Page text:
I very much appreciate and agree with your approach, but the current crop of EE students has only a vague idea what you're talking about. Frequency domain analysis leads to writing and solving equations using the Laplace transform, i. e. "transfer function" equations involving ratios of polynomials in s and talking about Routh-Hurwitz, gain and phase margin (in a servo system or circuit) etc. But the current crop of students can only analyze a system expressed in the inverse z-transform, and they use an entirely different set of tools to attempt to determine the "order" of the system (an approach by the way which can quickly get you in trouble in the real world if you attempt to apply it to a system which is even marginally nonlinear). It's also true that the "order" so obtained depends in the real world on the rate at which the system is sampled (and this order is constrained to be a rather small number if the system can be "solved" at all), and hence offers very little "insight" into the principles underlying the system under analysis, and the whole process often results in the necessity to use highly complex mathematical techniques involving large mathematical matrices to make even the simplest system work properly. Nonetheless anything having to do with "frequency domain analysis" is relabeled a "legacy engineering tool" and moved to the utterly inaccessible portion of the engineering library where books are stored that were written before 1980! It strikes me that it's likely that MEs are probably taught frequency domain and EEs are taught time domain, and this could just be a scheme so professors from BOTH departmens can get consulting assignments out of the disparity (!), anyway I'd like to hear your comments because I believe BOTH methods are useful for solving "real world" problems.

Thanks for the informative post. Frequency response plays a major role in audio design and development. It can be to study the response of the audio components to any frequency.

Actually in real world, no frequencies should be exaggerated or reduced, more accurate representation of the original sound is required. Any audio device should preserve the loudness relationship between various instruments and voices and should not over or under-emphasize any frequency. This can be achieved if frequency response of device is flat. A flat frequency response means that the audio device is equally sensitive to all frequencies.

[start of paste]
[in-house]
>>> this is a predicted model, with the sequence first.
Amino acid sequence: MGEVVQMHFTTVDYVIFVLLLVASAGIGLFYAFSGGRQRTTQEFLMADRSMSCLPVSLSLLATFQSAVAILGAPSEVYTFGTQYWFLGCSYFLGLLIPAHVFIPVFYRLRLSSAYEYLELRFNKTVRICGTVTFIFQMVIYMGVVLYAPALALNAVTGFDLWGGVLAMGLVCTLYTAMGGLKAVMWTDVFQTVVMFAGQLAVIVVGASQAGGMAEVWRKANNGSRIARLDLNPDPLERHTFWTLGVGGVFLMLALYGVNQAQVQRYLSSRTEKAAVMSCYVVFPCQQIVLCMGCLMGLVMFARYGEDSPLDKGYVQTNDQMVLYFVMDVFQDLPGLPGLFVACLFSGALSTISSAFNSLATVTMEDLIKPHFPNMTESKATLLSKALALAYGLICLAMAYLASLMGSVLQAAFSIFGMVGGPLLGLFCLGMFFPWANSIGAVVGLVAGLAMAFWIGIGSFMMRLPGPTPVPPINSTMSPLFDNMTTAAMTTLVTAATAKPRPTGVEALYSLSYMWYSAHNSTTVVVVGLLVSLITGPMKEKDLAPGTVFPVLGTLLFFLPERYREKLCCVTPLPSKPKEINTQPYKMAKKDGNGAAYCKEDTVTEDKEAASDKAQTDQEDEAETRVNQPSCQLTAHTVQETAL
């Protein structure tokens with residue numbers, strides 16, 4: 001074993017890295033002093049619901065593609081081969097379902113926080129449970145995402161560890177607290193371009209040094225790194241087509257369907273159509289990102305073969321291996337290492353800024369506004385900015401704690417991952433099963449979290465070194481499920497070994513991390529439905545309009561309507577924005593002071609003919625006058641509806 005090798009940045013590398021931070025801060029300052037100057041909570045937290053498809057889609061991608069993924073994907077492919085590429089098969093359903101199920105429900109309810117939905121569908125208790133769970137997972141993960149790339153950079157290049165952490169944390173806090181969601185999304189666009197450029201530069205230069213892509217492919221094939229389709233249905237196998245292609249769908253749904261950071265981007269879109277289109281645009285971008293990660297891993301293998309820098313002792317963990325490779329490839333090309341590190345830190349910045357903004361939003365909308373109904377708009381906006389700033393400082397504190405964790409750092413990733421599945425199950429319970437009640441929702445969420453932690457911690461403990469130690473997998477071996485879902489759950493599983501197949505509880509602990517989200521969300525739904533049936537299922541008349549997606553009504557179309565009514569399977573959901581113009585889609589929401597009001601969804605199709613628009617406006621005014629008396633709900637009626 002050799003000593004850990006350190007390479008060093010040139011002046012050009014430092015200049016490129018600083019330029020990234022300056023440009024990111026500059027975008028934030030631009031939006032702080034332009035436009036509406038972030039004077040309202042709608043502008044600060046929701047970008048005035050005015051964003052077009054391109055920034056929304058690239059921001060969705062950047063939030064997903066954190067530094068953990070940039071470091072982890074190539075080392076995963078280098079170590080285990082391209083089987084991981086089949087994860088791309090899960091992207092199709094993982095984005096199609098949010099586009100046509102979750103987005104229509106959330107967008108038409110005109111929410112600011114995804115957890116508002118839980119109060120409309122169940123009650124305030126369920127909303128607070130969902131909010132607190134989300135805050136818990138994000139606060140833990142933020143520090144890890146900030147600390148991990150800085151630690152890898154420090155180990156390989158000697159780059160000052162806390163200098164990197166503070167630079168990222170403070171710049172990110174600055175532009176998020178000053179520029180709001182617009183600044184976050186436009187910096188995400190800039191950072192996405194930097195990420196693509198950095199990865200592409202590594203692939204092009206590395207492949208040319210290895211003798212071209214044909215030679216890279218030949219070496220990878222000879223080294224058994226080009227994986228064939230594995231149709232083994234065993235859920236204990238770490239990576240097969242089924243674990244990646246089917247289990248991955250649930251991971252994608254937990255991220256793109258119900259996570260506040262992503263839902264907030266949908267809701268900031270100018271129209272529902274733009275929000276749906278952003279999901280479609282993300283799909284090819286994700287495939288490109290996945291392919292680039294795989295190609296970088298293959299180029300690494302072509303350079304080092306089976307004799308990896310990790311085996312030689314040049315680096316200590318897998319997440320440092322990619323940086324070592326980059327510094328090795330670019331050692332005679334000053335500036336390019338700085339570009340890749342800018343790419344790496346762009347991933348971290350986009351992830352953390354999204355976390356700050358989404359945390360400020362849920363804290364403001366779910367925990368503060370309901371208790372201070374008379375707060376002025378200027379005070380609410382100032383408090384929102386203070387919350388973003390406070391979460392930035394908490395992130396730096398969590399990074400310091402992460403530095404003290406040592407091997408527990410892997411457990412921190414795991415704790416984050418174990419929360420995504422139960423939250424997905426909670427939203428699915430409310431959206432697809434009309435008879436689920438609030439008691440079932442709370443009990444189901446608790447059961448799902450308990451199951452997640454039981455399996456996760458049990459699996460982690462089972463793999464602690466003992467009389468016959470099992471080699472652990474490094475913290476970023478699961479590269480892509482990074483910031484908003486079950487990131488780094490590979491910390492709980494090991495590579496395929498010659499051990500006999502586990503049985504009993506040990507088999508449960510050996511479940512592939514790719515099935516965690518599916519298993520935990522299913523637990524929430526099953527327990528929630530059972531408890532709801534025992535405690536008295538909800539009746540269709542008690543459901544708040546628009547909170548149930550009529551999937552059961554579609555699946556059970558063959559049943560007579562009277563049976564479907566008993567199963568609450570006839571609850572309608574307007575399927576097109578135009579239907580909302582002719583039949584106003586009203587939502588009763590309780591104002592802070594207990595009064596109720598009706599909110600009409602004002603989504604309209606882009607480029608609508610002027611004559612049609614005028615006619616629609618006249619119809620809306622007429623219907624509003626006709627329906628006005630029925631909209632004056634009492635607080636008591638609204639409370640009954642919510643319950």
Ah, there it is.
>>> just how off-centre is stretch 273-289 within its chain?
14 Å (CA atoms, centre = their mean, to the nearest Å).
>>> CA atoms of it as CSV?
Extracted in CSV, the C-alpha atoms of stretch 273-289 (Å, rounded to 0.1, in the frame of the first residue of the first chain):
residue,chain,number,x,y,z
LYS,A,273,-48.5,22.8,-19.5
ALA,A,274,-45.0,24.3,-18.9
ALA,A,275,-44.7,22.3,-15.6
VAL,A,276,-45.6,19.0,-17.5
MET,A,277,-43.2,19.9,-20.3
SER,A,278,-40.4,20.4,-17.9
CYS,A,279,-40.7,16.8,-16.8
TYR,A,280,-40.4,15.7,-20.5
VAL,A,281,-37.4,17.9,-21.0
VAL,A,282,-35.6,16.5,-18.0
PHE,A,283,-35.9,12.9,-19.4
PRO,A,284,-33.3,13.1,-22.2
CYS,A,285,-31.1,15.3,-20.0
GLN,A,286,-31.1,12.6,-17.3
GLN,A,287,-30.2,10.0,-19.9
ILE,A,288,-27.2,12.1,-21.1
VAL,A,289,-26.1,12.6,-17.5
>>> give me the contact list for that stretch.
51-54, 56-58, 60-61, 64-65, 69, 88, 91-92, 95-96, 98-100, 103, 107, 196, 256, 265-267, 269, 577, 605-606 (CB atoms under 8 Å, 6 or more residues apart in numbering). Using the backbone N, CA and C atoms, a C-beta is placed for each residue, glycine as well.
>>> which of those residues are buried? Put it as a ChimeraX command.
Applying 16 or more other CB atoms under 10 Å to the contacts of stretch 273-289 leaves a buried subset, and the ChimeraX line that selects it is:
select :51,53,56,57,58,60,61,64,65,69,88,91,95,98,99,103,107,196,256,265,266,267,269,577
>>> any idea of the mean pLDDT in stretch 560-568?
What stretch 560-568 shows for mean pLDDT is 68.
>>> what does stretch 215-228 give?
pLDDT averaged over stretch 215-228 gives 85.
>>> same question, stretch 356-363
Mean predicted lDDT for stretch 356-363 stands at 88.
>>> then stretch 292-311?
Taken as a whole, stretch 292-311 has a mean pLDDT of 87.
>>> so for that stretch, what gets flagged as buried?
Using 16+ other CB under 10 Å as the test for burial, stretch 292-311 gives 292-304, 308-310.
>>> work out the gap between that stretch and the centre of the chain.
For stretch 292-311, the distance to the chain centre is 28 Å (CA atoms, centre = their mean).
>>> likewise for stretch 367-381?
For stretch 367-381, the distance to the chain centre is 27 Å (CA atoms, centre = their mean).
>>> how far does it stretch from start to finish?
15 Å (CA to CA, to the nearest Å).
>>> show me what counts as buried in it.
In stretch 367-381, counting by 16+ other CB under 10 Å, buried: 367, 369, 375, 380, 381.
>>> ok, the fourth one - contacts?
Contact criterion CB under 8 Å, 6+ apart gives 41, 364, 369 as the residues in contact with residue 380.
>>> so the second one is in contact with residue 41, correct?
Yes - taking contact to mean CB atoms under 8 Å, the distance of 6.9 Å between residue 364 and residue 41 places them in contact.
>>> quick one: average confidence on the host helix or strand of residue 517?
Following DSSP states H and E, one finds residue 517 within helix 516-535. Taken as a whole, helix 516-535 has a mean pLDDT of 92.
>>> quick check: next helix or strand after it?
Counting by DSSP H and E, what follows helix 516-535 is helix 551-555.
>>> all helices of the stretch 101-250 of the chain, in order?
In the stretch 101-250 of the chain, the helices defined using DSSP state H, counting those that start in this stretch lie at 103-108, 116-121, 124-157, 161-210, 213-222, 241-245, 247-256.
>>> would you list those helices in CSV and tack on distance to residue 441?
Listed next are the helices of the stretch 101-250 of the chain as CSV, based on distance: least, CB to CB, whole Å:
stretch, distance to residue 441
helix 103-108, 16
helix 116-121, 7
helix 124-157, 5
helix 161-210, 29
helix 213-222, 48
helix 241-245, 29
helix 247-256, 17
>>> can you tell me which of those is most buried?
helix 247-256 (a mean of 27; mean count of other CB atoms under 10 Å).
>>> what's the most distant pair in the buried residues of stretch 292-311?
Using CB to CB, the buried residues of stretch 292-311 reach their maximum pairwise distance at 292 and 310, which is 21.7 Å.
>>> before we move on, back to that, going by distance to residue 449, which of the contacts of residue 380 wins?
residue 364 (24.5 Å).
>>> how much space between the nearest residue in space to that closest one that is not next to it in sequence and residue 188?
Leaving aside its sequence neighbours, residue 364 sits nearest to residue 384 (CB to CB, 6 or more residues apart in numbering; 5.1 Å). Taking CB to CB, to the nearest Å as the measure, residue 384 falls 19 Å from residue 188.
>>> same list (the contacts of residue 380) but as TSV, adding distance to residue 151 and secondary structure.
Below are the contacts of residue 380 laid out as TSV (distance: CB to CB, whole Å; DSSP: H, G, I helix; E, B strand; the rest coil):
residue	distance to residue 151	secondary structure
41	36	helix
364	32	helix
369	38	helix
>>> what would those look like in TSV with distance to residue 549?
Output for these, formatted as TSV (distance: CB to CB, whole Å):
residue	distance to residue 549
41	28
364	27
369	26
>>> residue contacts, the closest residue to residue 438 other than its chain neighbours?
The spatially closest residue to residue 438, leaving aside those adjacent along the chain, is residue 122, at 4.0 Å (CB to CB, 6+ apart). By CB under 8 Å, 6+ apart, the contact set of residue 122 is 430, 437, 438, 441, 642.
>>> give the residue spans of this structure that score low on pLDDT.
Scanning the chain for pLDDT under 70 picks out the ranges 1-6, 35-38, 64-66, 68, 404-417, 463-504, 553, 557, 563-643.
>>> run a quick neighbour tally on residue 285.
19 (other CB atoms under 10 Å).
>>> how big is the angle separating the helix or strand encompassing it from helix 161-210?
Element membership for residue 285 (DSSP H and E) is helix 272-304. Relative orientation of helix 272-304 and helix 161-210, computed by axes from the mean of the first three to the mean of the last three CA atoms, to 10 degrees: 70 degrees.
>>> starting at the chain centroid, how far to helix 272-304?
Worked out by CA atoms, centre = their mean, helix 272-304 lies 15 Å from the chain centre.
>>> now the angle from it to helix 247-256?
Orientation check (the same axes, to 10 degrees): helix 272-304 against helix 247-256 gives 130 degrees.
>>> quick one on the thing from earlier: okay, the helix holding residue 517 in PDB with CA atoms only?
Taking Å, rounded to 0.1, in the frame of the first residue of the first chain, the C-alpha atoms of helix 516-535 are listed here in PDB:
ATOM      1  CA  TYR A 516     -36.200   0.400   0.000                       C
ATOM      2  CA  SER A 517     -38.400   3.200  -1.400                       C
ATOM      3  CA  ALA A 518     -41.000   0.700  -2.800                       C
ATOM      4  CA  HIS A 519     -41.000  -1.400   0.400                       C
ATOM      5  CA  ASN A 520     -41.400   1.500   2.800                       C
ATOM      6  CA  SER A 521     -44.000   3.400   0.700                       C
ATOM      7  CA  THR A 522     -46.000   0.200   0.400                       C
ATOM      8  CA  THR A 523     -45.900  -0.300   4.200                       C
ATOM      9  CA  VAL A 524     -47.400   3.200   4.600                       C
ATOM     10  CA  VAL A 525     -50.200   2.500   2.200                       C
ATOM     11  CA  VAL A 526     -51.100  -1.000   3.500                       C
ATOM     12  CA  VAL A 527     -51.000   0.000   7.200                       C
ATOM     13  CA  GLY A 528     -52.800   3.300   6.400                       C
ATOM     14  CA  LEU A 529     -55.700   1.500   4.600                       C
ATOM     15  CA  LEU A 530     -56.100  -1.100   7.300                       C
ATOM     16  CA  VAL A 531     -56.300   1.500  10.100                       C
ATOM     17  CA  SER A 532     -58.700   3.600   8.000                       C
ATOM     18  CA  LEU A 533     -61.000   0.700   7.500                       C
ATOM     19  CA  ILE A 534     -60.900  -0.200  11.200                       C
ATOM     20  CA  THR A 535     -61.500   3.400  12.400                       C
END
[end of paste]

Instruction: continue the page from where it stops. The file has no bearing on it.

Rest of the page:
Iterative design — the cycle of prototyping, testing, analyzing, and refining a product — existed long before additive manufacturing, but it has never been as efficient and approachable as it is today with 3D printing.

People usually think of a time constant as the time it takes a first order system to change 63% of the way to the steady state value in response to a step change in the input -- it’s basically a measure of the responsiveness of the system. This is true, but in reality, time constants are often not constant. They can change just like system gains change as the environment or the geometry of the system changes.

At its core, sound is a relatively simple natural phenomenon caused by pressure pulsations or vibrations propagating through various mediums in the world around us. Studies have shown that the complete absence of sound can drive a person insane, causing them to experience hallucinations. Likewise, loud and overwhelming sound can have the same effect. This especially holds true in manufacturing and plant environments where loud noises are the norm.

The tech industry is no stranger to crowdsourcing funding for new projects, and the team at element14 are no strangers to crowdsourcing ideas for new projects through its design competitions. But what about crowdsourcing new components?

It has been common wisdom of late that anything you needed to manufacture could be made more cost-effectively on foreign shores. Following World War II, the label “Made in Japan” was as ubiquitous as is the “Made in China” version today and often had very similar -- not always positive -- connotations. Along the way, Korea, Indonesia, Malaysia, and other Pacific-rim nations have each had their turn at being the preferred low-cost alternative to manufacturing here in the US.